In between my junior and senior year of college I worked at a girls summer camp in the Pocono Mountains of Pennsylvania along with several other college friends. The area was beautiful with a clear running river that bordered the camp, perfect for swimming and canoeing.
I soon made friends with another counselor whose background was very different from my own. She was Amish; her family used a horse and buggy and had no electricity in their home. This surprised me because there was nothing about her that even hinted at her background. She told me that several years before, she chose to leave that way of life and go to college. "Those were hard times," she said, "my parents were greatly saddened." However, she and her family worked through it all and despite her decision they maintained their relationship.
The camp allowed counselors to take every other weekend off to either go home or visit nearby places. My A.S. U. friends and I went to Washington D.C. one of those weekends and to Atlantic City another. I had been at the camp a month when my new friend asked me if I would like to go home with her on our next weekend off to visit her family. I told her that all I had were shorts, and I was afraid her parents might frown upon that. She explained that would not be a problem. After thinking it over, I'm sad to say that I told her "no." Oh, I said it in a nicer way than that, but she gently smiled and told me she understood. Now, forty-three years later I am still beating myself up for not taking advantage of that opportunity. What an experience it would have been to spend time in an Amish home and experience that culture. I had the opportunity, but let it pass --a regret I have to this very day. That poor decision taught me to never let fear rob me of a chance to more fully experience our wonderful world and those who live in it. From that time on I intentionally thought back to my Amish friend each time something came up that would take me out of my comfort zone.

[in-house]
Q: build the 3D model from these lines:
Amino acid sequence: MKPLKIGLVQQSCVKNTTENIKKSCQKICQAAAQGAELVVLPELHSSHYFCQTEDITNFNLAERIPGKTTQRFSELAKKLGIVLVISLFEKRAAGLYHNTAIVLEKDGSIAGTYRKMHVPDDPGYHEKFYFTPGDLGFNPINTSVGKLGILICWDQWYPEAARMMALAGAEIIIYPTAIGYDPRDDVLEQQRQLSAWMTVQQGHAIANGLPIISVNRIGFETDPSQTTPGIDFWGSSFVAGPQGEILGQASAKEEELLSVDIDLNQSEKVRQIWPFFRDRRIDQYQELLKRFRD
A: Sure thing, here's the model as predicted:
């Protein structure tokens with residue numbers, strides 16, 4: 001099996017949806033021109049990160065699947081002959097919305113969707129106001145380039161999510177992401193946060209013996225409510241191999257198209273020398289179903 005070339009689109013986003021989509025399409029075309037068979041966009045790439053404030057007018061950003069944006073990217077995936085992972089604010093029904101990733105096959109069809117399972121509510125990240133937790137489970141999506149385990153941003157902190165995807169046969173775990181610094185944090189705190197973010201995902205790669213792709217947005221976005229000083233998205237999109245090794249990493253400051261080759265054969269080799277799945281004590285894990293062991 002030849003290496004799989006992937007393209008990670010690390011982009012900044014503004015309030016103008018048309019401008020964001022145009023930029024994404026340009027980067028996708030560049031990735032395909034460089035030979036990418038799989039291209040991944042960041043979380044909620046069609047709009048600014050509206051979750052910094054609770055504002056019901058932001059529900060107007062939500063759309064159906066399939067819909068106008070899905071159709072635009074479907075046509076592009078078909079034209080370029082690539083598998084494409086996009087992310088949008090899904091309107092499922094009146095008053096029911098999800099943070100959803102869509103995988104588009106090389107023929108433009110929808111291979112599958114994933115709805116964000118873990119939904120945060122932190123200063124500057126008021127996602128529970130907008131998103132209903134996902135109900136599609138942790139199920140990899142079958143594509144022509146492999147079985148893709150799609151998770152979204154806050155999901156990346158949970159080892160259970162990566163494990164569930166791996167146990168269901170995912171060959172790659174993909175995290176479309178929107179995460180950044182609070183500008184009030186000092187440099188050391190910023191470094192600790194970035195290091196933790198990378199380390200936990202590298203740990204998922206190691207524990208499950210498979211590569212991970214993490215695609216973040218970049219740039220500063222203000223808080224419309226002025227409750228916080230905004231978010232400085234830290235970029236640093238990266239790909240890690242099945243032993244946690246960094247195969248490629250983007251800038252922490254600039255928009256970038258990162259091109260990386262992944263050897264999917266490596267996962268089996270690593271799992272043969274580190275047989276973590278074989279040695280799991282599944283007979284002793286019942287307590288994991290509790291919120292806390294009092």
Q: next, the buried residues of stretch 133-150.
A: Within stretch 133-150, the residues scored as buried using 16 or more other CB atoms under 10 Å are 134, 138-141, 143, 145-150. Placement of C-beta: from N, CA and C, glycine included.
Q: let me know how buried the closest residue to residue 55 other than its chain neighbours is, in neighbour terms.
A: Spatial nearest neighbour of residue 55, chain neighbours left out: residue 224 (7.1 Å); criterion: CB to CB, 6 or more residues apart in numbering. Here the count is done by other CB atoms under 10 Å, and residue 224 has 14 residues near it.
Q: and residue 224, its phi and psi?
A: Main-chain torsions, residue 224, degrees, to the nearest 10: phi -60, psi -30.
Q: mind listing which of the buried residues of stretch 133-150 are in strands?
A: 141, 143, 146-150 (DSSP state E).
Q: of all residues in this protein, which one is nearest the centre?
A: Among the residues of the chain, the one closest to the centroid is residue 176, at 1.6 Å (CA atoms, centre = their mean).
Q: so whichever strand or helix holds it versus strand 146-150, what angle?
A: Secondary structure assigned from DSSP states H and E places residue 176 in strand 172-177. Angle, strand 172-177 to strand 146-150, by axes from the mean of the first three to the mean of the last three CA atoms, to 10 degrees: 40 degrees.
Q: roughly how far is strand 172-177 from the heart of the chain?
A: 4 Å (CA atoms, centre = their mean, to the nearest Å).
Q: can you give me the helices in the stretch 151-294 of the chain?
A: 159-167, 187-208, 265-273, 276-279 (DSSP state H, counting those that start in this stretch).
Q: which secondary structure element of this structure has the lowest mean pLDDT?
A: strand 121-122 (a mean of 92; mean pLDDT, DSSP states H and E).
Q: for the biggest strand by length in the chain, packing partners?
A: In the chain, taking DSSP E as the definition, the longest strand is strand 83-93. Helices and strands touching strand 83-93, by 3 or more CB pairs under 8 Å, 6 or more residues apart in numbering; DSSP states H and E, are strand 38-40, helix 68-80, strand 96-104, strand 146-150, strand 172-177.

This lesson really tested my resolve when I was in the Czech Republic (on a Fulbright Group Projects Abroad) and our group visited the site of a medieval silver mine. We were warned that anyone deciding to go down in the mine would need to wear a hard hat and other protective gear. They also warned us that if we had a fear of tight places to wait for the others because once you were down there you couldn't change your mind and come back up. I remembered my Amish friend and decided to do it despite my fear. Let's just say it was so tight in places that we had to push our way through narrow passages that were dripping water. When we returned to the surface (I admit I rejoiced to be out of there) I purchased a necklace with the emblem of the silver mine as a medal of valor; I was proud of myself.
Several years ago my niece, who was a senior at the University of Arkansas, encountered an obstacle to her university sponsored trip to Spain. She was to spend four weeks there immersed in the culture and language, however a few days before her departure there was an outbreak of bombs in Madrid with several deaths occuring on the city transportation system (which she would be using). Her parents were alarmed, as was she. The news reported the outbreak was the work of an organized militant group. She questioned whether she should go or not; in fact, several other participants backed out. She emailed me, asking what I thought she should do. My reply?..."You can stay here and absolutely nothing will happen to you, absolutely nothing, absolutely nothing, absolutely nothing, absolutely nothing." That's all I wrote. Being a smart girl and my niece she drew from her well of courage and had a wonderful trip that created lasting memories.
I am convinced that we tend to regret the things we didn't do much more than the things we did. I tell this story to my students at least once a year, explaining that I know they've already heard it, but I want them to hear it again ...and again ...and again ...and again.